FY2013 Annual Report

Immune Signal Unit

Assistant Professor Hiroki Ishikawa

Abstract

Immune signal unit studies immune mechanisms causing diseases. Immune system has developed to defend our body against invading pathogens, although dysregulation of the system can cause diverse diseases including allergy and autoimmune diseases. An important event in immune responses is generation of helper T cells. Upon recognition of a specific antigen, naïve CD4 T cells differentiate into several effector helper T subsets which lead to different outcomes of immune responses. T helper 17 (Th17) subset plays a central role in many of autoimmune diseases. Cytokines TGF-b and IL-6 are required for the priming of Th17 differentiation. However, another cytokine IL-23 is essential for generation of disease-causing Th17 cells. We are focusing on the mechanism of IL-23-dependent pathogenic Th17 generation. In FY2013, we continued to characterize new genes and pathways which might be involved in generation of pathogenic Th17 cells.

1. Staff

  • Hiroki Ishikawa, Assistant Professor
  • Hayato Yamada, Postdoctoral Scholar
  • Zafrul Hasan, Postdoctoral Scholar
  • Bijay Parajuri, Postdoctoral Scholar
  • Saori Nishijima, Technician
  • Shiho Okitsu, Technician
  • Rika Yoshizawa, Research Administrator

2. Collaborations

  • Nothing to report.

3. Activities and Findings

CD4 T helper (Th) cells play a critical role in orchestrating adoptive immune responses against not only various pathogens infection but also self-antigen triggering autoimmunity. Upon recognition of a specific antigen, naïve CD4 T cells differentiate into different effector subsets. Among them, recently identified Th17 is involved in various autoimmune diseases. Cytokines TGF-b and IL-6 are required for the priming of Th17 differentiation. However, another cytokine IL-23 is essential for the full differentiation of pathogenic Th17 cells. Although the critical role of IL-23 for pathogenic Th17 differentiation has been demonstrated, the molecular mechanism of IL-23-dependent pathogenic Th17 differentiation remains unknown.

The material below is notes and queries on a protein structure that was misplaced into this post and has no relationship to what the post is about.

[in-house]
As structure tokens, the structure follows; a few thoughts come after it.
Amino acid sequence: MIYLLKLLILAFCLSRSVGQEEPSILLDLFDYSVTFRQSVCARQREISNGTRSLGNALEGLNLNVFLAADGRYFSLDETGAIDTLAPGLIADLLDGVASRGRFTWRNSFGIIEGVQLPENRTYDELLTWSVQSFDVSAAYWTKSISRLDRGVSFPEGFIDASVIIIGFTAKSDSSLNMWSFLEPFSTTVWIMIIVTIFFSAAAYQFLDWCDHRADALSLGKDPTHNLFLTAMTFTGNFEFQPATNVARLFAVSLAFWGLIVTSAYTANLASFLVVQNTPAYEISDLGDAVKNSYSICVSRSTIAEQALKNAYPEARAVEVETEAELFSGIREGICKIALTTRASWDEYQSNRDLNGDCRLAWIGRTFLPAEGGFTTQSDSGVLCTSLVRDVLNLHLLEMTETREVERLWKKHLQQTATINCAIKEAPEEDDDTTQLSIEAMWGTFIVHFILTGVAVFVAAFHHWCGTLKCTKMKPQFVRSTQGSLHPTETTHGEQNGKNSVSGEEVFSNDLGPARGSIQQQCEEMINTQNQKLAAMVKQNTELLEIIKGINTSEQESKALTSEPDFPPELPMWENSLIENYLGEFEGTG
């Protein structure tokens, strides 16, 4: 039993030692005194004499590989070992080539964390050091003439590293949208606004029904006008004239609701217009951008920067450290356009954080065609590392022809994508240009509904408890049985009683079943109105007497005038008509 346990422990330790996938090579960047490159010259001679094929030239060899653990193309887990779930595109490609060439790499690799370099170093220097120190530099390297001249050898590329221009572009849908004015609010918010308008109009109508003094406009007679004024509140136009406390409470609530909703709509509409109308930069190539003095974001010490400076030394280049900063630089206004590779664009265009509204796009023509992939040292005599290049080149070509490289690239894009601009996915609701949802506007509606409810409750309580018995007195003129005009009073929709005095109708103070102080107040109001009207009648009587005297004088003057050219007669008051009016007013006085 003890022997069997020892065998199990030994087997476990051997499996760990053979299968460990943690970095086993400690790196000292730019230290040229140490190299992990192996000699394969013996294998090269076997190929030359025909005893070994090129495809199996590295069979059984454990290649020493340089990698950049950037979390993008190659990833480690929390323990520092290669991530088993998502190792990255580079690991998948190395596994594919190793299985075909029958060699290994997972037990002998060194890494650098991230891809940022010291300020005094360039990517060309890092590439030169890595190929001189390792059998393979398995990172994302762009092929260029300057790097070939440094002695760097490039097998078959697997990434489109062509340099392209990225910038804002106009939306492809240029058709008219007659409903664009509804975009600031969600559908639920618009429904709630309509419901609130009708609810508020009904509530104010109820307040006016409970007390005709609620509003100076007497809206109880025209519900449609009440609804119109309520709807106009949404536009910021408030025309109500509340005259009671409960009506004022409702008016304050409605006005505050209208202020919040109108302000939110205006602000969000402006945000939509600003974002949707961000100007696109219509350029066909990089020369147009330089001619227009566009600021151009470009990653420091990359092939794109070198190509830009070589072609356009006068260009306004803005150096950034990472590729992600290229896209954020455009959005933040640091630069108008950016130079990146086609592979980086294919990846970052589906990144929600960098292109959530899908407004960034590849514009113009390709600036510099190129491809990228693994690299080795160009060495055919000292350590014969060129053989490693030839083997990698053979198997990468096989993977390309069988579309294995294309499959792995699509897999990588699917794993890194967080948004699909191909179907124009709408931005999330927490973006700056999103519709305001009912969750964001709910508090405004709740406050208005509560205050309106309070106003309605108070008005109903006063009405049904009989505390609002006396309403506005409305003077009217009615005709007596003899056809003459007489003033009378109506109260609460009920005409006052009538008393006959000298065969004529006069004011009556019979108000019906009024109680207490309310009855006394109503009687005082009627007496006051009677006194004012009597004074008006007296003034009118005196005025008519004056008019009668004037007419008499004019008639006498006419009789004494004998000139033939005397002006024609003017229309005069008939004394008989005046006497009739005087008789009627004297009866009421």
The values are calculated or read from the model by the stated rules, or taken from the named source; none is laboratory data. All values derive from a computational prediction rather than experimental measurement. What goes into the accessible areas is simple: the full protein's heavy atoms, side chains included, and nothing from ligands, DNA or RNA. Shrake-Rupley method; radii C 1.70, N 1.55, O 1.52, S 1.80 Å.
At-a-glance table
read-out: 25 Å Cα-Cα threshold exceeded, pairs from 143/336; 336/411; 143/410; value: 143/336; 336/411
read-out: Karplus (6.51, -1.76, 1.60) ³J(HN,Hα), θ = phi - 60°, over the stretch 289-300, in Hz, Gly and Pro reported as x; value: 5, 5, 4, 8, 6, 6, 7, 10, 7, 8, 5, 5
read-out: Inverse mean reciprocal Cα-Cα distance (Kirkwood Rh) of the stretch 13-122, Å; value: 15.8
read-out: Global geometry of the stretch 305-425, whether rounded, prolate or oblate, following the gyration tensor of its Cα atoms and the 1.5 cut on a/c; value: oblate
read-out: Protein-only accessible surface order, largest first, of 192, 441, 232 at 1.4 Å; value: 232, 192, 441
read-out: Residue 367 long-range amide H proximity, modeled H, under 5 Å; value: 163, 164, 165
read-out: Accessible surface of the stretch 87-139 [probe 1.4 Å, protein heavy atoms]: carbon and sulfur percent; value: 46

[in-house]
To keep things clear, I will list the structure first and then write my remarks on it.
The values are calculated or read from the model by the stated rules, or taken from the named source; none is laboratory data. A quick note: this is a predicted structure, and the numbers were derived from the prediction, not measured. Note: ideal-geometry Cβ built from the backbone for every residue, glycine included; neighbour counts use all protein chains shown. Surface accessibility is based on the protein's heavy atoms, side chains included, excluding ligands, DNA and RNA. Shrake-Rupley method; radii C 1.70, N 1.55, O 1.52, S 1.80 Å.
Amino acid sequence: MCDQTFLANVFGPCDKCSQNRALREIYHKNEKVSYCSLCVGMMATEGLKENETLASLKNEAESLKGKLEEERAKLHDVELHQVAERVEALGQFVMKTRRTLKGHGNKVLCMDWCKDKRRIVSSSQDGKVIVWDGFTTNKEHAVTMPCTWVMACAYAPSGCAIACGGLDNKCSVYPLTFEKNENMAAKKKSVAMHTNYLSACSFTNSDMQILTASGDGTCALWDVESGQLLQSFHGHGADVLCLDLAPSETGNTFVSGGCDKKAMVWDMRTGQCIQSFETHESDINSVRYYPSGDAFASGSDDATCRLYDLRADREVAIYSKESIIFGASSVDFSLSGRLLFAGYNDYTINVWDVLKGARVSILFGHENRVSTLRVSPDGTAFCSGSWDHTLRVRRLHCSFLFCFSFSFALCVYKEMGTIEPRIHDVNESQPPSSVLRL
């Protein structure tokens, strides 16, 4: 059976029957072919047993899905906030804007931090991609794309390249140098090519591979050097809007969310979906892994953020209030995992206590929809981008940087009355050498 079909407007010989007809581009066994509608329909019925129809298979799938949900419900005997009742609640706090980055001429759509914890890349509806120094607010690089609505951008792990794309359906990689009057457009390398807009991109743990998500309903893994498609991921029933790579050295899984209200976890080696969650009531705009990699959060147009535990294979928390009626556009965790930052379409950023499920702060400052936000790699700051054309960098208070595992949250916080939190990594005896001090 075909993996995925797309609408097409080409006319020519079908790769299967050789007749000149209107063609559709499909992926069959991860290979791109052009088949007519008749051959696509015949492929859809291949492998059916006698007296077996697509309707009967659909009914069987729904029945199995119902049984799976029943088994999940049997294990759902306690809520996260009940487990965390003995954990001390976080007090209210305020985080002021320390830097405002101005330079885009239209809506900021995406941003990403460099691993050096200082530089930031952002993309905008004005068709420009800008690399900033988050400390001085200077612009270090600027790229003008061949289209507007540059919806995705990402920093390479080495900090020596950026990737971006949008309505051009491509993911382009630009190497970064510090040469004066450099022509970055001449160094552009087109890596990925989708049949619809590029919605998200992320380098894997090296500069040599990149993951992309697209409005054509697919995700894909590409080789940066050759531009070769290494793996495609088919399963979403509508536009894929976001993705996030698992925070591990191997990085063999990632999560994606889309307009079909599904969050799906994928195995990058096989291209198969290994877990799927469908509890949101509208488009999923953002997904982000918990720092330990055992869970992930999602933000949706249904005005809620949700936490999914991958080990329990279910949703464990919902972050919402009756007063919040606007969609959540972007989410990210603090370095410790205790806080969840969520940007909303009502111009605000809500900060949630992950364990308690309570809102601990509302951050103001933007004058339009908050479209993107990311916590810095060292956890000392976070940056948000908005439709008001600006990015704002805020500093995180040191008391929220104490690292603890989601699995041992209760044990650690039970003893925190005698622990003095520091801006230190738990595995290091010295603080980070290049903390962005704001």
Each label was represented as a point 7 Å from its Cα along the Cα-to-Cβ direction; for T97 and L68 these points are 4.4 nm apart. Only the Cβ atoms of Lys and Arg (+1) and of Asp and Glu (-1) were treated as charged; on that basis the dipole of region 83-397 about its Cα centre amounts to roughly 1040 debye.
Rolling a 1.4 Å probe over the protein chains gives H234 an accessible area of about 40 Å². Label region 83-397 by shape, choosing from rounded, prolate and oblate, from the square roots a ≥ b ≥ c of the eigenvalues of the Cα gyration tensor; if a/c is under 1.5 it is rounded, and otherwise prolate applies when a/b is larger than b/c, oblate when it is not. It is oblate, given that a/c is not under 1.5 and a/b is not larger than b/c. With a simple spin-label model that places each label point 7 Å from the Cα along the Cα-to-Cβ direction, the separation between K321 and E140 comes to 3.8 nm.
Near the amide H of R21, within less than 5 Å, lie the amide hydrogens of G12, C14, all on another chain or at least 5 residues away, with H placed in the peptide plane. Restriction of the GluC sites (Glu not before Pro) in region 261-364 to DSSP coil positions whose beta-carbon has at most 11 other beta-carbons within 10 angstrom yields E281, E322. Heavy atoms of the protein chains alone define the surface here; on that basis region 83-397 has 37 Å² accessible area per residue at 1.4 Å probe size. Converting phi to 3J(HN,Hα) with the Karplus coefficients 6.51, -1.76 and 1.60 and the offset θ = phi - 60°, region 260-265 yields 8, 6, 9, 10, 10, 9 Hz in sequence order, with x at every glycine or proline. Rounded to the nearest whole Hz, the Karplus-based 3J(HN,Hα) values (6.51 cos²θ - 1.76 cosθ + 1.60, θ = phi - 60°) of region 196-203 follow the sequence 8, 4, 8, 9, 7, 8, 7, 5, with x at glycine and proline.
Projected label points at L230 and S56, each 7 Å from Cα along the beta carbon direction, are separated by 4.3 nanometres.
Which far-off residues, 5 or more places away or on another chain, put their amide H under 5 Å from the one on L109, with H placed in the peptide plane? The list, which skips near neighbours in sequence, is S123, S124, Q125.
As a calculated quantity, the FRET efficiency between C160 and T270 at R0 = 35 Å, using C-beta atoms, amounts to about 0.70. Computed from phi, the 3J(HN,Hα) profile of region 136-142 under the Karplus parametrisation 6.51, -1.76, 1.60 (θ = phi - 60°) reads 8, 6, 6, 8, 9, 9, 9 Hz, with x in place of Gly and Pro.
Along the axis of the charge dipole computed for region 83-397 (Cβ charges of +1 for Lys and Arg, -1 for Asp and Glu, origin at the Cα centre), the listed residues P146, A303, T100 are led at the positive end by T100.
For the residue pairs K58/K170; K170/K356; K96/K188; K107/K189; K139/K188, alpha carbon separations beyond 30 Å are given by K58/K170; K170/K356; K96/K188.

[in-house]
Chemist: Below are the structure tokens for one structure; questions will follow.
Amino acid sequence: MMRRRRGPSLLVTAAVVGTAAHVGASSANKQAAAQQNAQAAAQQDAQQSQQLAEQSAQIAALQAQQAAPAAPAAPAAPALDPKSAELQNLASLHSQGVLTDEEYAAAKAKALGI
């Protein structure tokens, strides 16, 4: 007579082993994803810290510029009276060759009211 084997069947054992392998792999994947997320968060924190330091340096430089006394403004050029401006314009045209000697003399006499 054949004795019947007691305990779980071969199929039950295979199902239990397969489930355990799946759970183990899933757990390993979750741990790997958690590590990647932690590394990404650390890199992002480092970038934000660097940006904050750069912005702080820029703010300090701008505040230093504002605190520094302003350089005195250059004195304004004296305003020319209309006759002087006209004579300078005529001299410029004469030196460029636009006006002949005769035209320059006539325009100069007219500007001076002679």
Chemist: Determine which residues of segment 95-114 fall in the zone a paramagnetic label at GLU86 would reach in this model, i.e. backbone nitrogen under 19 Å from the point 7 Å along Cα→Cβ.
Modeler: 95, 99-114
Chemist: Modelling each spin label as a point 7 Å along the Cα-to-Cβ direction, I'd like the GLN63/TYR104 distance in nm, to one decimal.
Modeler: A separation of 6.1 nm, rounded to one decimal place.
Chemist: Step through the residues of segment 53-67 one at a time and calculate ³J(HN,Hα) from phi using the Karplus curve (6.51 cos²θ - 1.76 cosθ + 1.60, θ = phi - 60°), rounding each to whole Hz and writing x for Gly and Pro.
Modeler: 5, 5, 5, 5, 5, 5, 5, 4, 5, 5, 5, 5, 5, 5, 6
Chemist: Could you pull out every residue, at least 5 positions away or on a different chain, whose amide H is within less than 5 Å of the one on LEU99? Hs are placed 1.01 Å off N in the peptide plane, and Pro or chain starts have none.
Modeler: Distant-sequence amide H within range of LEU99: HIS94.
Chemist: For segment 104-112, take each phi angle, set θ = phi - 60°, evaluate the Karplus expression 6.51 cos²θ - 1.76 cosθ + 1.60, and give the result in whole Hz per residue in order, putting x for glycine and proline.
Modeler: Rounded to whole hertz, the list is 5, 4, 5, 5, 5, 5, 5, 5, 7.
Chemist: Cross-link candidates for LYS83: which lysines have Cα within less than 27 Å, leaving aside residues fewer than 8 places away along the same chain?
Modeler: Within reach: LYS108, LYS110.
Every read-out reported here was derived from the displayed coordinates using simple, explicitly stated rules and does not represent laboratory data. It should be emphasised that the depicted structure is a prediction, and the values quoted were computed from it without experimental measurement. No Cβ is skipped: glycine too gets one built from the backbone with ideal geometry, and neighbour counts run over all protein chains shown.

To elucidate the mechanism of IL-23-dependent pathogenic Th17 differentiation, we screened IL-23 responsive genes by microarray analyses and identified several genes whose expression was upregulated by IL-23 in the last fiscal year. In FY2013, we sought to examine signaling pathways that regulate the induction of the IL-23-responsive genes. Using knockout mice for known Th17 transcription factors, we found that many of IL-23 responsive genes are induced by STAT3-dependent and RORgt-independent uncharacterized pathway. Furthermore, we screened and identified a transcription factor which is involved in this uncharacterized signaling pathway.     

To study the role of IL-23 responsive genes, we have generated a conditional knockout mouse (cKO) strain for an IL-23-responsive transcription factor. We are currently breeding the cKO mice with T cell-specific Cre-deleter strain to analyze the role of this transcription factor in Th17 differentiation and development of autoimmune diseases. We also introduced commercially available knockout mouse strains for IL-23 responsive genes. We will analyze function of these genes using the knockout mice in the next fiscal year.

4. Publications

4.1 Journals

Nothing to report.

4.2 Books and Other One-Time Publications

Nothing to report.

4.3 Oral and Poster Presentations

Ishikawa, H. Mechanism of pathogenic T helper cell differentiation. 15th Meeting of Research Group of Next Generation Medical Bioengineering, Naha, Okinawa, (2013)

5. Intellectual Property Rights and Other Specific Achievements

Nothing to report

6. Meetings and Events

Nothing to report.

7. Others)

Nothing to report.